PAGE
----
Linked List: March 2016

The Egalitarian Golden Rule

First, on the good teams, members spoke in roughly the same proportion, a phenomenon the researchers referred to as ‘‘equality in distribution of conversational turn-taking.’’ On some teams, everyone spoke during each task; on others, leadership shifted among teammates from assignment to assignment. But in each case, by the end of the day, everyone had spoken roughly the same amount. ‘‘As long as everyone got a chance to talk, the team did well,’’ Woolley said. ‘‘But if only one person or a small group spoke all the time, the collective intelligence declined.’’

Second, the good teams all had high ‘‘average social sensitivity’’ — a fancy way of saying they were skilled at intuiting how others felt based on their tone of voice, their expressions and other nonverbal cues. One of the easiest ways to gauge social sensitivity is to show someone photos of people’s eyes and ask him or her to describe what the people are thinking or feeling — an exam known as the Reading the Mind in the Eyes test. People on the more successful teams in Woolley’s experiment scored above average on the Reading the Mind in the Eyes test. They seemed to know when someone was feeling upset or left out. People on the ineffective teams, in contrast, scored below average. They seemed, as a group, to have less sensitivity toward their colleagues.

‘‘I think, until the off-site, I had separated things in my head into work life and life life,’’ Laurent told me. ‘‘But the thing is, my work is my life. I spend the majority of my time working. Most of my friends I know through work. If I can’t be open and honest at work, then I’m not really living, am I?’’

See also: Five keys to a successful Google team and The Golden Rule.

Table Editor

For quickly setting tables.

Certainty is the Closing of the Mind

Milton Glaser:

One must assume that failure is the way we learn in general. My favorite notion is that certainty is the closing of the mind. The possibility to fail is one of the means by which we have to develop ideas, and to explore possibilities. Once you’re certain of what you’re doing the possibility of change and exploration begins to diminish. So, the idea of being an amateur constantly is an old idea for artists, particularly those who want to continue learning things they don’t already know. The idea of professionalism, which means you achieve a certain kind of success by repeating things over and over until you lose interest in them, is something that has always been frightening. What you see is people who attain a certain proficiency and then repeat that until they lose interest and the game is over.

I guess my model for this is Picasso. He was willing to give up everything once he learned how to do that. It’s always interested me that you can become proficient and once that happens the best thing to do is abandon what you know.


While exploring the Google Design site I came across Resizer — a viewer to test Material Design breakpoints.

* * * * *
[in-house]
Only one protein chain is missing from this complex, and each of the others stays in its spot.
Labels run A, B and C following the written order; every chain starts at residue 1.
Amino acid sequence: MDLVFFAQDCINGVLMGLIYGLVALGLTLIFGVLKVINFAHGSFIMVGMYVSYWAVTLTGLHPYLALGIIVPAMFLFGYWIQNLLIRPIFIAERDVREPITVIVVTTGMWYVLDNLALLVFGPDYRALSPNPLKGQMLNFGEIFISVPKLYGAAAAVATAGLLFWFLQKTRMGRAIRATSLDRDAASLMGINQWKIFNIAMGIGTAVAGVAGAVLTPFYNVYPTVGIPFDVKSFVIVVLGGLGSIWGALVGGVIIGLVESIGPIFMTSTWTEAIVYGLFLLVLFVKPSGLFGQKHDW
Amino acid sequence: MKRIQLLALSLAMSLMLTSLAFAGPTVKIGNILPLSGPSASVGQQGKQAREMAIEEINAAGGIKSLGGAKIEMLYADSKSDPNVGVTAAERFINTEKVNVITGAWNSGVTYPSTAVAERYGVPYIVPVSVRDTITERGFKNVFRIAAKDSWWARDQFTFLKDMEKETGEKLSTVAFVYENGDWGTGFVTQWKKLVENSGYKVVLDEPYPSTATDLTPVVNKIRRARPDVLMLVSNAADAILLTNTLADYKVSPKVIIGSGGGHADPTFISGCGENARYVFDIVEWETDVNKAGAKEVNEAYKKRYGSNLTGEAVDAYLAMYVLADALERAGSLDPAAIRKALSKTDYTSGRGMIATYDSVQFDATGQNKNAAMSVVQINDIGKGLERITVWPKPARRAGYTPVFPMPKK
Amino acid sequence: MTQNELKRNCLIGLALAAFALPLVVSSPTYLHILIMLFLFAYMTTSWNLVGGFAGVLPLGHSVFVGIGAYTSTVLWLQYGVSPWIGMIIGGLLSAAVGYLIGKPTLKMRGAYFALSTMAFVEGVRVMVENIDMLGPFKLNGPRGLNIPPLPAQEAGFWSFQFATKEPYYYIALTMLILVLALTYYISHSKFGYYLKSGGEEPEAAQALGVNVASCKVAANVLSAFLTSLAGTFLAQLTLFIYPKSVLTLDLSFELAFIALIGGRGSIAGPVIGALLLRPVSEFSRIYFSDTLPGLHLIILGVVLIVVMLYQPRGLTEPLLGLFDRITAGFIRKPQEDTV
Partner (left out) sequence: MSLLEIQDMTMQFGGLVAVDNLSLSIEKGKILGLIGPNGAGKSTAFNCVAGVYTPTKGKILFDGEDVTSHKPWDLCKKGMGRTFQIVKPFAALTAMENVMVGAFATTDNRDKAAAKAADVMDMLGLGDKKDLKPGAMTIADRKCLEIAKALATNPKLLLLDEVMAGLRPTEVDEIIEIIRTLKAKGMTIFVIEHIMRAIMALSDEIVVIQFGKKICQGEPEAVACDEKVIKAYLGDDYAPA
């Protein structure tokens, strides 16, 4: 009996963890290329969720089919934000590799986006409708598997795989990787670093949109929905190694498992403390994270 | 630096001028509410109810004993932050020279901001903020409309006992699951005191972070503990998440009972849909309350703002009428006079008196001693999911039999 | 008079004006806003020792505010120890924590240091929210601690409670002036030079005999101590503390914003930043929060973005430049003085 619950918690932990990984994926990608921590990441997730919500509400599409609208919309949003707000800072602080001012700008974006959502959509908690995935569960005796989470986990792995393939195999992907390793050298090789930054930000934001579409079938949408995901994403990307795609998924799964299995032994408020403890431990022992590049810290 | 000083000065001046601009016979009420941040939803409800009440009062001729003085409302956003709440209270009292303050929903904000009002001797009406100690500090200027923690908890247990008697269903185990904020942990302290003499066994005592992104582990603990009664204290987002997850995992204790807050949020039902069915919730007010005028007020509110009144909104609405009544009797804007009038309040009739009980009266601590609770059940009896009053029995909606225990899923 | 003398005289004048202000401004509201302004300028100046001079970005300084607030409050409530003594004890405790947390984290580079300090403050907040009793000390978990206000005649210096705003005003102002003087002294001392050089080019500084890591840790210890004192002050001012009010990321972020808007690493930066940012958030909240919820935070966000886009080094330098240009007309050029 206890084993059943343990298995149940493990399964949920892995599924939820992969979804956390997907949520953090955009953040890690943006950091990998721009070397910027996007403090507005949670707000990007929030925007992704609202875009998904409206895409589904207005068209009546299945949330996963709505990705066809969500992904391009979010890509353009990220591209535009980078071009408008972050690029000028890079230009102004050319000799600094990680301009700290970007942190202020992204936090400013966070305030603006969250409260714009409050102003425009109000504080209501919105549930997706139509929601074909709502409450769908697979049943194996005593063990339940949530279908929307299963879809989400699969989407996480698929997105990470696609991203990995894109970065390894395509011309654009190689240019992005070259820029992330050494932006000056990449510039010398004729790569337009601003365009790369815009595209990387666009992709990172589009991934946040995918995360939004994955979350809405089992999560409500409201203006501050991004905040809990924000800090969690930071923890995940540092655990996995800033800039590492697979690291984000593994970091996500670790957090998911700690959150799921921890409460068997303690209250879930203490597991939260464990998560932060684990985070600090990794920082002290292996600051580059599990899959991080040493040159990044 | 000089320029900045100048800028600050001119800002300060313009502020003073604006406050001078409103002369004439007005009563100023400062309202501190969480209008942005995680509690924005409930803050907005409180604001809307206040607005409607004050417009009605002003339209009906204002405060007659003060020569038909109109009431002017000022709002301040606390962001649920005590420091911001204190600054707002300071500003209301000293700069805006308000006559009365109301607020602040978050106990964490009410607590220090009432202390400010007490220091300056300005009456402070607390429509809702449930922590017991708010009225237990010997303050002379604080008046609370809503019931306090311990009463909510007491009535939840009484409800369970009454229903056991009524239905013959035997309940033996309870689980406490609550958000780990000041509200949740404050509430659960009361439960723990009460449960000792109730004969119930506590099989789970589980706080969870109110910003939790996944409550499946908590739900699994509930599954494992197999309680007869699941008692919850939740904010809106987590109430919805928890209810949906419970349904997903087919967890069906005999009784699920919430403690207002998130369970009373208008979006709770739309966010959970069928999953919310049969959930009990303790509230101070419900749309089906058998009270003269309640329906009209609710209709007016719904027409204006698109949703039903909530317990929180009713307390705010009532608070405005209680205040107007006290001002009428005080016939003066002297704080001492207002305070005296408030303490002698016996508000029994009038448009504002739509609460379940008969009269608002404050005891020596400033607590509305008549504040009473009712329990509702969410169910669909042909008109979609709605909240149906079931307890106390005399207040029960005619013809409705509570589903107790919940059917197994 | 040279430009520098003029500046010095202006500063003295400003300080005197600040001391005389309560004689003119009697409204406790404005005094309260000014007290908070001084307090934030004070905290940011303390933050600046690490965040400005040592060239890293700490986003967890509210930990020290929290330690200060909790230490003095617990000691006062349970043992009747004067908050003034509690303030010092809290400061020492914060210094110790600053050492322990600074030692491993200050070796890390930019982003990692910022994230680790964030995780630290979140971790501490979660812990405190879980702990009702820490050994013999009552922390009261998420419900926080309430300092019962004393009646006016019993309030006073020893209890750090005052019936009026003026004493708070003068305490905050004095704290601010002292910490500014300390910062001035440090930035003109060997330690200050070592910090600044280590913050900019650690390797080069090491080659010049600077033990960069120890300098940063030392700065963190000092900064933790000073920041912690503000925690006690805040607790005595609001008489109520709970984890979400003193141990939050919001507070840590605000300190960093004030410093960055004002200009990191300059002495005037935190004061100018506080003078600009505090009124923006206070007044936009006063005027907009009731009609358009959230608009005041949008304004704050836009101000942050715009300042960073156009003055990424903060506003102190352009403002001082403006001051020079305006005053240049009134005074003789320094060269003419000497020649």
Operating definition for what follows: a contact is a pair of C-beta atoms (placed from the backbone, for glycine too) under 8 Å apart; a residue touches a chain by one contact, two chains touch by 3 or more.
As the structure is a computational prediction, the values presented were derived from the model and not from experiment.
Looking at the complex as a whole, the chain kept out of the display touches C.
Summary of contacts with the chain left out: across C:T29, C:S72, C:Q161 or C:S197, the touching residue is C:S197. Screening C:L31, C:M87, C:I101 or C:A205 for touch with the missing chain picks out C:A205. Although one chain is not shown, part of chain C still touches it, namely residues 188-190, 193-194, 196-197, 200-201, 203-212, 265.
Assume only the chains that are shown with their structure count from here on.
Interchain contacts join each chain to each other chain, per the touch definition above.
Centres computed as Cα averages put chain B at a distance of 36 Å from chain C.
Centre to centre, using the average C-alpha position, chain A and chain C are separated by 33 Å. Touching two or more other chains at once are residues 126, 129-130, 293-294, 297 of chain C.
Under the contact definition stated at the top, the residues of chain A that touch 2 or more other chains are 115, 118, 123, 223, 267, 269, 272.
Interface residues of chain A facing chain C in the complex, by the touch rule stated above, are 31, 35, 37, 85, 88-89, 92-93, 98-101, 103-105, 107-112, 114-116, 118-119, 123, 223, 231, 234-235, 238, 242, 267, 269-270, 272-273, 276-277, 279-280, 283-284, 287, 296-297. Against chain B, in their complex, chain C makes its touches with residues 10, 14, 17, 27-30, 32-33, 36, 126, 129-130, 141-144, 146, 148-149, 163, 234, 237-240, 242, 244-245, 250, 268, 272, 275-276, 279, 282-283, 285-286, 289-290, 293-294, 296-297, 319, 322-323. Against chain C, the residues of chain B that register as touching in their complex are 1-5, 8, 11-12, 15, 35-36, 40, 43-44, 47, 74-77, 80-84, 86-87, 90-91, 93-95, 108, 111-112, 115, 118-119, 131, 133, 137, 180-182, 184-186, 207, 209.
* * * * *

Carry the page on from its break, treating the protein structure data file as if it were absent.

Crisis Info Hub

Unofficial open source lightweight CMS from Google and partners that lets organizations and individuals share crisis-relevant information. It powers

What Design Can Do Refugee Challenge

Being a designer, what can you do to improve the reception and integration of refugees in urban areas?

Cloud Minute

I’m exploring Google’s cloud infrastructure and found these informative one-minute long videos. Don’t miss Aja Hammerly’s introduction.

Hypertexthero on Dribbble

Peeks at work-in-progress.

Design as Participation

A consideration of design as a form of participation in complex adaptive systems.

Published on PubPub, MIT’s a soon to be open-sourced platform for transparent publishing.

56 Notes from the Notebooks of Anton Chekhov

Anthony Madrid:

When teachers wish to nurture expressiveness in young people, they (the teachers) should make a point of sharing with the kiddeos selections from writers’ notebooks. These show the beginner that a master’s seedlings don’t look that different from her own. Then teach the beginner to keep such a notebook! Excellent phrases overheard, witty lists, ideas for stories…. The front side of one sheet of paper might be enough to undo the damage of having heard that you either got it or you don’t.

This brought back a childhood memory:

N., a teacher, on her way home in the evening was told by her friend that X. had fallen in love with her, N., and wanted to propose. N., ungainly, who had never before thought of marriage, when she got home, sat for a long time trembling with fear, could not sleep, cried, and towards morning fell in love with X.; next day she heard that the whole thing was a supposition on the part of her friend and that X. was going to marry not her but Y.

Seeing Through Photographs

Free online course from The Museum of Modern Art. I also recommend a couple of books : Looking at Photographs by John Szarkowski and Ways of Seeing by John Berger. The latter is also a BBC series, available in four parts on YouTube.

Lee Friedlander’s Process

Richard Benson on Lee Friedlander’s photography work:

I said, Gee, how did you come to photograph monuments? And he said, ‘Oh’…he said…‘The way I work is I don’t have a project, I photograph everything all the time, and then I look at my contact sheets and I say, I say, “Oh! I’m photographing monuments!”’

Brings this to mind.